Success Takes Care of Itself in a Learner-Centered Classroom


On Monday I’ll be returning, bright and early, to my high school reading classes. With seven weeks left, the students are starting to think about the upcoming tests that will determine whether or not they are moving on or repeating the class next year. As a group, I know we are in a much different place than where we started. 

Many of the students in the class began the year proudly claiming the title “Non-Reader.”

OUCH! As the book-loving, literacy passionate, #ReadingIsEverything teacher in the room - that hurt! They didn’t want to be there and they would do whatever it took to get out as long as it did not include real reading.

I'm excited about a good challenge, but this has been some crazy hard work.  “What have I gotten into?” and “Where do I even begin?” has relentlessly driven my thinking for good part of the school year.

From the start, It was evident to me that we were a long way from the literary utopias described by Nancy Atwell and Donalyn Miller. These were kids who needed more than “choice” in order to grow significantly as readers. Breaking down the walls of defensive fear and misplaced pride was not going to be easy or comfortable for anyone in the room.

After a lot of trial, error, and reflection there are three key strategies that shaped my educator journey and made a difference for the kids in my classroom. For those entrenched in learner-centered classrooms , they will not be surprising. However, it has been powerful to witness how critical they have been for my most challenging, reluctant learners.


Every student was there for their own reason. They each had a story and it took time to for us to understand and trust each other. The “Non-Reader” flags they proudly waved were held up as protection after past journeys of reading failure. Those journeys were unique for each of them. It was clear, the pathways to making progress had to be unique as well or they were unwilling to take the risk and try again.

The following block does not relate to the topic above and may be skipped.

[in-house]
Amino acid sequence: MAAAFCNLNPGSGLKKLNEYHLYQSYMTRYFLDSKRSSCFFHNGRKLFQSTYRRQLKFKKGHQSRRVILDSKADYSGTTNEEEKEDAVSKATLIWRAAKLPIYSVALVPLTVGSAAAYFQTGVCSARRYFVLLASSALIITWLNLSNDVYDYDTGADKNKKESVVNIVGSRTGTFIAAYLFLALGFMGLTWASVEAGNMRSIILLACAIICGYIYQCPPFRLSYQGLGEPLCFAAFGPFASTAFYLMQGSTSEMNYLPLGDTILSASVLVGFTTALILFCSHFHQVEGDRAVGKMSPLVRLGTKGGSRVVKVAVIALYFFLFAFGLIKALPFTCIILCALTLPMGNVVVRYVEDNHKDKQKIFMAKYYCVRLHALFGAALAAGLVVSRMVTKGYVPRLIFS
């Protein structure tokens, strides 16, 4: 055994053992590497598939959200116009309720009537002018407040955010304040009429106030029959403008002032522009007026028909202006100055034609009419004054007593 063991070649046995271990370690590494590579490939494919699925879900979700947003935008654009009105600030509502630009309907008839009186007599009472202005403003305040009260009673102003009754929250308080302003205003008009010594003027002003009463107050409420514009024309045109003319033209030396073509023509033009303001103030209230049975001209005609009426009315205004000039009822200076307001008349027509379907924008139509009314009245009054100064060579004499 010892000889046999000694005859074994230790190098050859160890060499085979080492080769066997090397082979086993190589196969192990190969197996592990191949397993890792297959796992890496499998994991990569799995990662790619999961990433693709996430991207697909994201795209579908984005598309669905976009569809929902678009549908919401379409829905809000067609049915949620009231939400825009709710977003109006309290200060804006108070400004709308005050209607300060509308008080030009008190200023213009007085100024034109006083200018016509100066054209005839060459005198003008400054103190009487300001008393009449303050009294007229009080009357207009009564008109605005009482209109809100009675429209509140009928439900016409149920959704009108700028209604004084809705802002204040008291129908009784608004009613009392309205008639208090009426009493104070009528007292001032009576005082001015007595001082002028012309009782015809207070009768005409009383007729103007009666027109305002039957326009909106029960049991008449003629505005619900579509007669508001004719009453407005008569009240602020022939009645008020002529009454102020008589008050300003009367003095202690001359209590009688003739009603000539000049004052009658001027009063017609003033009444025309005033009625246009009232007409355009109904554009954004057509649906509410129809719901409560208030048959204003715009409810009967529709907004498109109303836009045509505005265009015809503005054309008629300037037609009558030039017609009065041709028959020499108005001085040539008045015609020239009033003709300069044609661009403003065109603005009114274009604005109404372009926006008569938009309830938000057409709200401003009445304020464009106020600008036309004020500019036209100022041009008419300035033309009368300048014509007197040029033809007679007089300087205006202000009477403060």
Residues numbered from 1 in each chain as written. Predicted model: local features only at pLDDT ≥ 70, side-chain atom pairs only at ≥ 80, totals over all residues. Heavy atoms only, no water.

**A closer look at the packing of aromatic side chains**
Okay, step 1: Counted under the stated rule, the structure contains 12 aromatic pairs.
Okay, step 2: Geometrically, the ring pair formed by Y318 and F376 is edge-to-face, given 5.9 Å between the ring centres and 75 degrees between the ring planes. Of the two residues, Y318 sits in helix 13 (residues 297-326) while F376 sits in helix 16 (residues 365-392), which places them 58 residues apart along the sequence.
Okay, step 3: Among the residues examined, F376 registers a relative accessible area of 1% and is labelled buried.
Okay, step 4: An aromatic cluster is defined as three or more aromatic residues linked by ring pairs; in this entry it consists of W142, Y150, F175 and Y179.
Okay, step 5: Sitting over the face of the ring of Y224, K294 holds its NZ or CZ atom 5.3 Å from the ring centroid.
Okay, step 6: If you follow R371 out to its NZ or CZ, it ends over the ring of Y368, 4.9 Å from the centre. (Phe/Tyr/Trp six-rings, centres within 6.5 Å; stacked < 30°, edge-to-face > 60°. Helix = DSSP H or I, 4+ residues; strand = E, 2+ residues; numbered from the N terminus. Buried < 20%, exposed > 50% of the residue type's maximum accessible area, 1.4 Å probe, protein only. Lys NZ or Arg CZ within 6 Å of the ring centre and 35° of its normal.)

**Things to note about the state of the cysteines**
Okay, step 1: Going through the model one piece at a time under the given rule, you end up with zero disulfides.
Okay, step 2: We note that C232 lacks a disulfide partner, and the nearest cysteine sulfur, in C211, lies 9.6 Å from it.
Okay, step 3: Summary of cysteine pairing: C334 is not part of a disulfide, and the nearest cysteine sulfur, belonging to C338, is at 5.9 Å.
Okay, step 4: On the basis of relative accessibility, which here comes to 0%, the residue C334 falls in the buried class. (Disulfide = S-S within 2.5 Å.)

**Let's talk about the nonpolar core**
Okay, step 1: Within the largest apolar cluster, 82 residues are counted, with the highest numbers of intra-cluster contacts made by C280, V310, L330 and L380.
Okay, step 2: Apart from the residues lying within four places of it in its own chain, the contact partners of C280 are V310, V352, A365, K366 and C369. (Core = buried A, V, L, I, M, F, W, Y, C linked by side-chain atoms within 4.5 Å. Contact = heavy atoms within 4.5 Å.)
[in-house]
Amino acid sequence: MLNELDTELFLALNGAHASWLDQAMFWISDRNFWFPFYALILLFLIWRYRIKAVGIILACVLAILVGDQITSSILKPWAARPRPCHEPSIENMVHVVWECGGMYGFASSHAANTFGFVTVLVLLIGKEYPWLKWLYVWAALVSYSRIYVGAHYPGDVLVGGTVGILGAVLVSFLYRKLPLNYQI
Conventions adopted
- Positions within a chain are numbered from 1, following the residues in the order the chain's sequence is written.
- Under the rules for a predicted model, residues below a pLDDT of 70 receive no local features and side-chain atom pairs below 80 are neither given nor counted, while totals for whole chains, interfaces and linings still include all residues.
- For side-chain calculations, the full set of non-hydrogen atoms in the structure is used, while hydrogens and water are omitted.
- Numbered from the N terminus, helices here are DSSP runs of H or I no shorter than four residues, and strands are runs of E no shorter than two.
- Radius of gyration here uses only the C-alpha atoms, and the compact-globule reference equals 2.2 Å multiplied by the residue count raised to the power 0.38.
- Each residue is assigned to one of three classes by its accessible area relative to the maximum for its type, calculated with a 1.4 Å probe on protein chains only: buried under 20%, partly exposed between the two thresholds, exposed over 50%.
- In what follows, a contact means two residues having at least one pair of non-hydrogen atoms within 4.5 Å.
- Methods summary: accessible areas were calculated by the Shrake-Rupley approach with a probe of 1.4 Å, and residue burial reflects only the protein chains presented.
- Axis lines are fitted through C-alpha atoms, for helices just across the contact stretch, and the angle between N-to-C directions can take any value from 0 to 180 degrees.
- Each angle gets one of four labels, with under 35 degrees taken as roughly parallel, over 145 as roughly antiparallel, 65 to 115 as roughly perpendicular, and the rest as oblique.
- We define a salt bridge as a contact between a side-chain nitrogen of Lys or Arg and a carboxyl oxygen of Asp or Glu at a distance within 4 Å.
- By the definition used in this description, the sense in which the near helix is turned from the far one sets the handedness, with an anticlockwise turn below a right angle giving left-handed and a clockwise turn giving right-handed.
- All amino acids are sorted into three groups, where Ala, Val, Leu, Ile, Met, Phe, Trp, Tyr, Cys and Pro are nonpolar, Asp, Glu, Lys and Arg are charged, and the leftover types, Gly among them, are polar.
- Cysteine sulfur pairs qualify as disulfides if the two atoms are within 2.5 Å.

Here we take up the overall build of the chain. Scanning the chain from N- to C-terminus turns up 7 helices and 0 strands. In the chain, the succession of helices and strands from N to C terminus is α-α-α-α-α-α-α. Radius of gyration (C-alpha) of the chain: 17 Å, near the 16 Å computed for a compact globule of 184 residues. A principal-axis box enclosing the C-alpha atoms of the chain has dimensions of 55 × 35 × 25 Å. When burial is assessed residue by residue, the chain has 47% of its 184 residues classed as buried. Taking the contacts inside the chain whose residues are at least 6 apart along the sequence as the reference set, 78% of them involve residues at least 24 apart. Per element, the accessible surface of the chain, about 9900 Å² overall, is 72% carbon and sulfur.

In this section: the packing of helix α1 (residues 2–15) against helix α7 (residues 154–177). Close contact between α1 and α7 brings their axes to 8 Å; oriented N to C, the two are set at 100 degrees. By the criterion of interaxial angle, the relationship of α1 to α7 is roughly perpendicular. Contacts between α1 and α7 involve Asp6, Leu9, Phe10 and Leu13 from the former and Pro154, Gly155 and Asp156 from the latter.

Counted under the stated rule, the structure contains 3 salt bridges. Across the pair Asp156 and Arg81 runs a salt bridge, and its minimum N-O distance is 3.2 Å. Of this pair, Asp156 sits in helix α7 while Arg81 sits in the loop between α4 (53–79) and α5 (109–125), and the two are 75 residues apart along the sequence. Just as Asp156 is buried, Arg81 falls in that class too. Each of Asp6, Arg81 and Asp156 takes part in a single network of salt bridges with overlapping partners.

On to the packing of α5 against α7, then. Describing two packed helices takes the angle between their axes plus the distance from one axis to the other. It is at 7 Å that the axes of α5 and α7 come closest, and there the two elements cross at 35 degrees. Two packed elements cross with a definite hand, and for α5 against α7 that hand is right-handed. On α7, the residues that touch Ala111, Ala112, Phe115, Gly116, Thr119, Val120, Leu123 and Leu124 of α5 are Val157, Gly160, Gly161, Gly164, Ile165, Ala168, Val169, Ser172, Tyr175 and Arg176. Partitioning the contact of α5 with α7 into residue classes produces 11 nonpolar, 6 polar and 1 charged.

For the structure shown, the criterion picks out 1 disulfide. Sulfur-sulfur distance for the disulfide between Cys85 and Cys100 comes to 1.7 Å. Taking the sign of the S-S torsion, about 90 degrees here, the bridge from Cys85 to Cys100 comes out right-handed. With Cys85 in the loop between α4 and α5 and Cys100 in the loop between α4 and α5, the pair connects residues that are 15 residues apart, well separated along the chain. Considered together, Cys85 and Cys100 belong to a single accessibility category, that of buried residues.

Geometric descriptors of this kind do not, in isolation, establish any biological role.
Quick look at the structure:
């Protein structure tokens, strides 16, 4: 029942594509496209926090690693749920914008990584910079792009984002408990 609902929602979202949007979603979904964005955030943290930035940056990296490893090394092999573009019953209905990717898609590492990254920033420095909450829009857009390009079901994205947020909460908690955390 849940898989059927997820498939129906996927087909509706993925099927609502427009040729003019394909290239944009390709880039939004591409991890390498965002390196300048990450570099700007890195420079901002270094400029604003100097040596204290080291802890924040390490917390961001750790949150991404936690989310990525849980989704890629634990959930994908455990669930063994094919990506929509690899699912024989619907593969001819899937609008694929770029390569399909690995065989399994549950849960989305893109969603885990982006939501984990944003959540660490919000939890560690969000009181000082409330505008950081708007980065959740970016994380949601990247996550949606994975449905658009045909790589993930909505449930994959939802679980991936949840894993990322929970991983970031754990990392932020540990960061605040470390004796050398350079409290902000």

In early August I was setting up my classroom when a student and his parent came in to see me. They both told me that they were worried about the class. The student thought it was stupid, and just being in the class made him feel dumb. His mom revealed a little more about his life as a reader. The things she said caught my attention because they sounded like students, including my own son, who struggles with dyslexia. Fast forward nine months and the testing from Children’s Hospital confirmed my suspicion. Now with trust and a plan, we are moving forward.


Frustration makes engagement impossible. While I appreciated this, it took me a while to figure out how to engage the students in self-driven learning without having them get frustrated, overwhelmed, or distracted.  I kept insisting that along with becoming better readers they also had to learn how to learn so they could continue improving beyond the class.

After a few weeks of repeating myself, one student insisted that if I thought she could really do that than I should show her exactly what the test said she needed to work on. I disliked the idea of “teaching to the test,” but I didn’t know if I had any aversions to students “learning to the test” so I printed her report.

She looked it over and decided to start with the first standard - differentiating between explicit and implicit text evidence. We found a site called Mobymax that provided a set of reading passages with questions aligned to the standard.  I thought we might be getting somewhere, but after a few days she was frustrated and insisted that there was something wrong with the program because she was carefully reading the passages and finding the answers "right there within the text."